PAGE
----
(Photo: Canadian Animal Blood Bank)

A veterinary hospital in Langford is hosting its first ever dog blood donor clinic for canines that care.

WAVES veterinary hospital in Langford first opened its doors in April 2019 and since then, vets working there have performed between two to seven blood transfusions on dogs each month.

This Saturday, January 25th, the hospital will be hosting its first dog blood donor clinic in conjunction with the Canadian Animal Blood Bank, which provides canine blood products to vets across the country.

“Blood transfusions can be life saving for patients with serious illnesses like low red blood cell levels (anemia) or problems with blood clotting,” says Dr. Erin Simmonds, who has been a veterinarian for 12 years and a specialist in veterinary emergency and critical care for eight years.

“Common situations requiring transfusions at WAVES include animals with immune mediated anemia, trauma from being hit by a car, during major surgery, or after ingestion of toxins like rat poison.”

Qualifying as a doggie donor

The main blood groups in dogs are called Dog Erythrocyte Antigens (DEA), of which the most important for blood transfusions is DEA 1.1.

All potential dog donors are tested to determine if they are DEA 1.1 positive or negative. While some breeds like golden retrievers are more likely to be positive, a blood type test is always necessary in order to establish certainty.

According to Dr. Simmonds, there are certain criteria that a dog must meet in order to be an eligible blood donor.

“A typical ‘unit’ of blood requires a donation of about 400-500 mLs from our doggie blood donors. This is only safe for healthy, large breed dogs,” she says.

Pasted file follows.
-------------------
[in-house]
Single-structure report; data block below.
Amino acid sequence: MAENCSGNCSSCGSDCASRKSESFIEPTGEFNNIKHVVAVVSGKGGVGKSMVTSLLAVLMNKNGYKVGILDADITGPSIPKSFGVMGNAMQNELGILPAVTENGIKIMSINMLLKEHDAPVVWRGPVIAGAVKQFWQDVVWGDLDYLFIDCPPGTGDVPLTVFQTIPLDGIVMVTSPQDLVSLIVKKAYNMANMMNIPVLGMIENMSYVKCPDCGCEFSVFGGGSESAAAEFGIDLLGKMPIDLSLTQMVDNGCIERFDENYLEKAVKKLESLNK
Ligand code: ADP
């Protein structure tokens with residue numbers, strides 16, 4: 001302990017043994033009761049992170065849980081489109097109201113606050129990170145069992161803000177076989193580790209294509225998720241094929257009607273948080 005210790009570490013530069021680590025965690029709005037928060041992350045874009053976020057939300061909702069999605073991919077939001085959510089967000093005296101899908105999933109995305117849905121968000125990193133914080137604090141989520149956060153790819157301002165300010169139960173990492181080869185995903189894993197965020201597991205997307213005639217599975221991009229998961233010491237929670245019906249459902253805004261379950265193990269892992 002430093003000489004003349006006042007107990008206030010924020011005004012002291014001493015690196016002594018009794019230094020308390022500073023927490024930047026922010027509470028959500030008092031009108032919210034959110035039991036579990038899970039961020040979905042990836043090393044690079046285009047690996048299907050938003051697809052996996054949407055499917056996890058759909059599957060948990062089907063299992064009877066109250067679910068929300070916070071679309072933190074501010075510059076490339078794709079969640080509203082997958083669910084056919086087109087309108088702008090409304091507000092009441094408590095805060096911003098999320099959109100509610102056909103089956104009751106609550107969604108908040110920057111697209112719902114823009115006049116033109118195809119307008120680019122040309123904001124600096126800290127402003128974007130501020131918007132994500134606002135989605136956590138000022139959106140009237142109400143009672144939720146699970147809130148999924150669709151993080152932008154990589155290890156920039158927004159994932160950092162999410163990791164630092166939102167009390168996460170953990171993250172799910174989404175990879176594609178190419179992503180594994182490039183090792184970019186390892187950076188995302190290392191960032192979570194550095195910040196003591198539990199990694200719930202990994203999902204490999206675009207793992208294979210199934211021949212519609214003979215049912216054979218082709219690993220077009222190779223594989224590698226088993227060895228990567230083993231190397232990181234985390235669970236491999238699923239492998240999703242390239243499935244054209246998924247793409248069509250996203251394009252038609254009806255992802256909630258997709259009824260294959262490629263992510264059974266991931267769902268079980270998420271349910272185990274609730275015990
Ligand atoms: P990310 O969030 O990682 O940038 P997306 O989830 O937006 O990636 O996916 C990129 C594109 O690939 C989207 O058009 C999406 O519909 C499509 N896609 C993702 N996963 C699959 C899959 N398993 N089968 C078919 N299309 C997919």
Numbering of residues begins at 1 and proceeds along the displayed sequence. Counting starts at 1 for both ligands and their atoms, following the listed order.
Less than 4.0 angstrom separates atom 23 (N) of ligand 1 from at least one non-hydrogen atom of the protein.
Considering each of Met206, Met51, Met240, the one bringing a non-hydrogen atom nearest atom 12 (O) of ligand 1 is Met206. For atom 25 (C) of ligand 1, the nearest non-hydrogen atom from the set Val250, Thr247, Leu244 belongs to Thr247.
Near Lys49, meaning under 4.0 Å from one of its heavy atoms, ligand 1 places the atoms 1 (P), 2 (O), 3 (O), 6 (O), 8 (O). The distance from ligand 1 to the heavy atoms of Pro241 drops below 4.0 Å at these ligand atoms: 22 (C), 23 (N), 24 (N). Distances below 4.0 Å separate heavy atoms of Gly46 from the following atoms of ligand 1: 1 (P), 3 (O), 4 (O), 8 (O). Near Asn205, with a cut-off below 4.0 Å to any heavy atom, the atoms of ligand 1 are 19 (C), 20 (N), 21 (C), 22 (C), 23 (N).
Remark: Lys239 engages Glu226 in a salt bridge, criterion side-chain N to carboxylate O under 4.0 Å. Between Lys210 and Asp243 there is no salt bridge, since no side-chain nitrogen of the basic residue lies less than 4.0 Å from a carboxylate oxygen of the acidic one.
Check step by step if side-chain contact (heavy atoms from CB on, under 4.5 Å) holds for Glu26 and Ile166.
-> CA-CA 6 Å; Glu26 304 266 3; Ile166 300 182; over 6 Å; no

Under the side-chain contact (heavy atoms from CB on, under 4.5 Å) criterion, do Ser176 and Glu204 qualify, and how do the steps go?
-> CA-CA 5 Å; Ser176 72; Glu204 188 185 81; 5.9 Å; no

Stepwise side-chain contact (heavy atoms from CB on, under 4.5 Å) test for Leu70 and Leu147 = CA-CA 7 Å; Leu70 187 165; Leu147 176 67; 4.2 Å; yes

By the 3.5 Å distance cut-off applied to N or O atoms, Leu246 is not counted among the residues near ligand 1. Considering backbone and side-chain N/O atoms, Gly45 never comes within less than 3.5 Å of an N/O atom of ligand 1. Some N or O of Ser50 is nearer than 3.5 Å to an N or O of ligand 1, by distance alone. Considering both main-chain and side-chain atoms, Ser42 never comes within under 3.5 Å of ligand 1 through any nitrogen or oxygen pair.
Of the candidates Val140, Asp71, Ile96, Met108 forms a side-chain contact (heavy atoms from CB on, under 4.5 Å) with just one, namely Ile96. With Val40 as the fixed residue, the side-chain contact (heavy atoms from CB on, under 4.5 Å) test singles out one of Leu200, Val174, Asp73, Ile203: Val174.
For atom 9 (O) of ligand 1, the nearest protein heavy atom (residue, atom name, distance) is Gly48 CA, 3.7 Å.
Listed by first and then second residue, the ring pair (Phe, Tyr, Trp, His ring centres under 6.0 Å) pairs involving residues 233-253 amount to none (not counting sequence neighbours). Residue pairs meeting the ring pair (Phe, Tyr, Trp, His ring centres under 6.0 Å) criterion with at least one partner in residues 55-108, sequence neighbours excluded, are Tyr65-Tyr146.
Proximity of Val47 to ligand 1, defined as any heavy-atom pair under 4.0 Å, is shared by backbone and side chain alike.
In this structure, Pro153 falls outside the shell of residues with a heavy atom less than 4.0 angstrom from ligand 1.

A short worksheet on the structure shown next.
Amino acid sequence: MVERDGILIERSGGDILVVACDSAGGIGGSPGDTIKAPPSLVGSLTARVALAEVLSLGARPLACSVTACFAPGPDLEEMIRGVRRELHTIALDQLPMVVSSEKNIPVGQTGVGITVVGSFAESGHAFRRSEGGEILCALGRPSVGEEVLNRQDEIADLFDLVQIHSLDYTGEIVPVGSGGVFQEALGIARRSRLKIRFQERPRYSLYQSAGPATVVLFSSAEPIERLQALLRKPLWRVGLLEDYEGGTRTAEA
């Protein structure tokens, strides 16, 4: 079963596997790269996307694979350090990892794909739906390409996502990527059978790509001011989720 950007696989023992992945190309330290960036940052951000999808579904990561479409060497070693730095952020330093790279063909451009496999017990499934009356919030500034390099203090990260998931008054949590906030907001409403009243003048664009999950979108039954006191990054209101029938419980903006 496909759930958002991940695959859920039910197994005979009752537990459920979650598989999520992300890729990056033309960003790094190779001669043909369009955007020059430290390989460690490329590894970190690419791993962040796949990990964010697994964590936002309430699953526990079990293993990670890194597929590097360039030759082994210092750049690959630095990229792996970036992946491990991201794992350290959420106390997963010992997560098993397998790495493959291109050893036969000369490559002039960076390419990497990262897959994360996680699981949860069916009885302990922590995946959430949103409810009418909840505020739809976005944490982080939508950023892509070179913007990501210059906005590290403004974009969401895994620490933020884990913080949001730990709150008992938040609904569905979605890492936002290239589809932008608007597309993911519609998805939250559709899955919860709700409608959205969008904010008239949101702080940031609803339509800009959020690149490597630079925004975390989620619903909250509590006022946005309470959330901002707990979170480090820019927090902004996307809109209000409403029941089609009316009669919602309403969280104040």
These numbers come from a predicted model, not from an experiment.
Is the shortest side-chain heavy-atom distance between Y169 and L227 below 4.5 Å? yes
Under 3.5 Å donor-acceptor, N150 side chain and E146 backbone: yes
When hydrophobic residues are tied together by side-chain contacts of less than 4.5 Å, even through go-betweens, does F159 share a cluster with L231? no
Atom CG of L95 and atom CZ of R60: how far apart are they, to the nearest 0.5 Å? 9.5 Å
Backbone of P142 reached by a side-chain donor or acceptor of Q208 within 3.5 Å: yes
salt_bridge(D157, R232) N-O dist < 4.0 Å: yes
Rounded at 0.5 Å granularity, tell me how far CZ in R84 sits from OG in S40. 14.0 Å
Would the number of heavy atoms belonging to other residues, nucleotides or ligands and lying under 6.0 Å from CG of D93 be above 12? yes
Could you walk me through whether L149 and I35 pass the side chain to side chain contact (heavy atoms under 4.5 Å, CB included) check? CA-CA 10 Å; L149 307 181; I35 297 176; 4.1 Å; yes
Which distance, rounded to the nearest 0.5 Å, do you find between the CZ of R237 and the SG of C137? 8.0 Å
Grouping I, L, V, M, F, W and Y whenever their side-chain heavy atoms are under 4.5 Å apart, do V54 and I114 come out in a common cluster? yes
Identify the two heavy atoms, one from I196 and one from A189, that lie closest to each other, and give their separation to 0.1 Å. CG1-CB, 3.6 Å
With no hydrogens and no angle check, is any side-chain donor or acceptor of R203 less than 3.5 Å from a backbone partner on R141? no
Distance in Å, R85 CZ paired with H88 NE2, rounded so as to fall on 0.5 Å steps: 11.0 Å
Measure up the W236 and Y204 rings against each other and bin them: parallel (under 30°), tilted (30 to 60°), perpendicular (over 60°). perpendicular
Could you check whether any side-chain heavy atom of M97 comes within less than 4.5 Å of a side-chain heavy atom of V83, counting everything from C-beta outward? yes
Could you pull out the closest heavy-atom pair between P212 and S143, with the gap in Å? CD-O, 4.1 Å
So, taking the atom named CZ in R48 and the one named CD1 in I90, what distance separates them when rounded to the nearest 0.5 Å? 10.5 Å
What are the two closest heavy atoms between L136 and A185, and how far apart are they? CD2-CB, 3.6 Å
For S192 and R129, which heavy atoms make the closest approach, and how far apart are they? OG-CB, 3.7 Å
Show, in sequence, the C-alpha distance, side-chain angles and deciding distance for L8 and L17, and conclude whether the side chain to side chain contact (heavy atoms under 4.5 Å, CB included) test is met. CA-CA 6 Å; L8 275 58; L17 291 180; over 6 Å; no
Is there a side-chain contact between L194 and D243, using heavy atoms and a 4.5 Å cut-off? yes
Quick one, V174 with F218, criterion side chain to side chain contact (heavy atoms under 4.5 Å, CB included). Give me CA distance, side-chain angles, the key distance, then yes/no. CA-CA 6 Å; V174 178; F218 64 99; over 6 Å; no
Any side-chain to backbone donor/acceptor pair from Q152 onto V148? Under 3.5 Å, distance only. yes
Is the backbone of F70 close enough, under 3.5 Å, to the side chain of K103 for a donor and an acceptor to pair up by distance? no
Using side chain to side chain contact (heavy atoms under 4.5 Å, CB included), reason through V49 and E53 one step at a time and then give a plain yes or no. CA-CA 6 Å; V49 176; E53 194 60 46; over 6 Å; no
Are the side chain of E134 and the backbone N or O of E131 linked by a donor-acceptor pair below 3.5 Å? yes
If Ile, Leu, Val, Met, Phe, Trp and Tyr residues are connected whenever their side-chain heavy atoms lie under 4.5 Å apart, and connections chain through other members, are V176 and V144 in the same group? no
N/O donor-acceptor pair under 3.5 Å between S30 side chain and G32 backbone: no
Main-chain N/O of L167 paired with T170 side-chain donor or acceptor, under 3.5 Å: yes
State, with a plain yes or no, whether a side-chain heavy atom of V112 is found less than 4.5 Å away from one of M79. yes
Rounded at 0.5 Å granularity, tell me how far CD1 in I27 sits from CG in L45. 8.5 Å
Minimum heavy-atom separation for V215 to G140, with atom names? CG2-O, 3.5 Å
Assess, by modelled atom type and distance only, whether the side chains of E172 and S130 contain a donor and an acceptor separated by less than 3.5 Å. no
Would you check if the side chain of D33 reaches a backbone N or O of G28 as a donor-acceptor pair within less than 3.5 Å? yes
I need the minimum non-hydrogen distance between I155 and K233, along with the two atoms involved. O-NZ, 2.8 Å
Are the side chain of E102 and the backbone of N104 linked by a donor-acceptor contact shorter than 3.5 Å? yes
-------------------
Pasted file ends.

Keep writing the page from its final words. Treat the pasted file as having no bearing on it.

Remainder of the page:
“The donor dogs have to have a calm demeanour and be comfortable lying on their side for up to 5 minutes.”

The dogs also need to be between one to eight years old, and up to date on their vaccinations.

Left to right: Dr. Suzanne Smith (emergency/rehab vet), Michelle Savery (RVT, registered veterinary technician), and Dr. Erin Simmonds (critical care specialist) at WAVES, along with Rhubi the golden retriever who is a blood donor at WAVES.

Heroes needed

Besides blood products from the Canadian Animal Blood Bank, WAVES also has a list of “on call” dogs in the community who provide blood donations on an emergency basis.

This Saturday’s event will be the first of its kind hosted by the hospital, and the organizers hope to have another similar clinic later this year.

Those who wish to sign their dog up for the clinic should email cabb.edmonton@canadiananimalbloodbank.ca. If you cannot make it to this clinic but are interested in future events, send an email to info@wavesvet.com.

“You may never know who received a blood transfusion from your pet, but to that family you are a hero,” adds Dr. Simmonds.

K9 Blood Donor Clinic

  • When: Saturday, January 25th, 9 a.m. – 5 p.m.
  • Where: WAVES Westcoast Animal Veterinary Emergency Specialty Hospital, 947 Langford Pkwy



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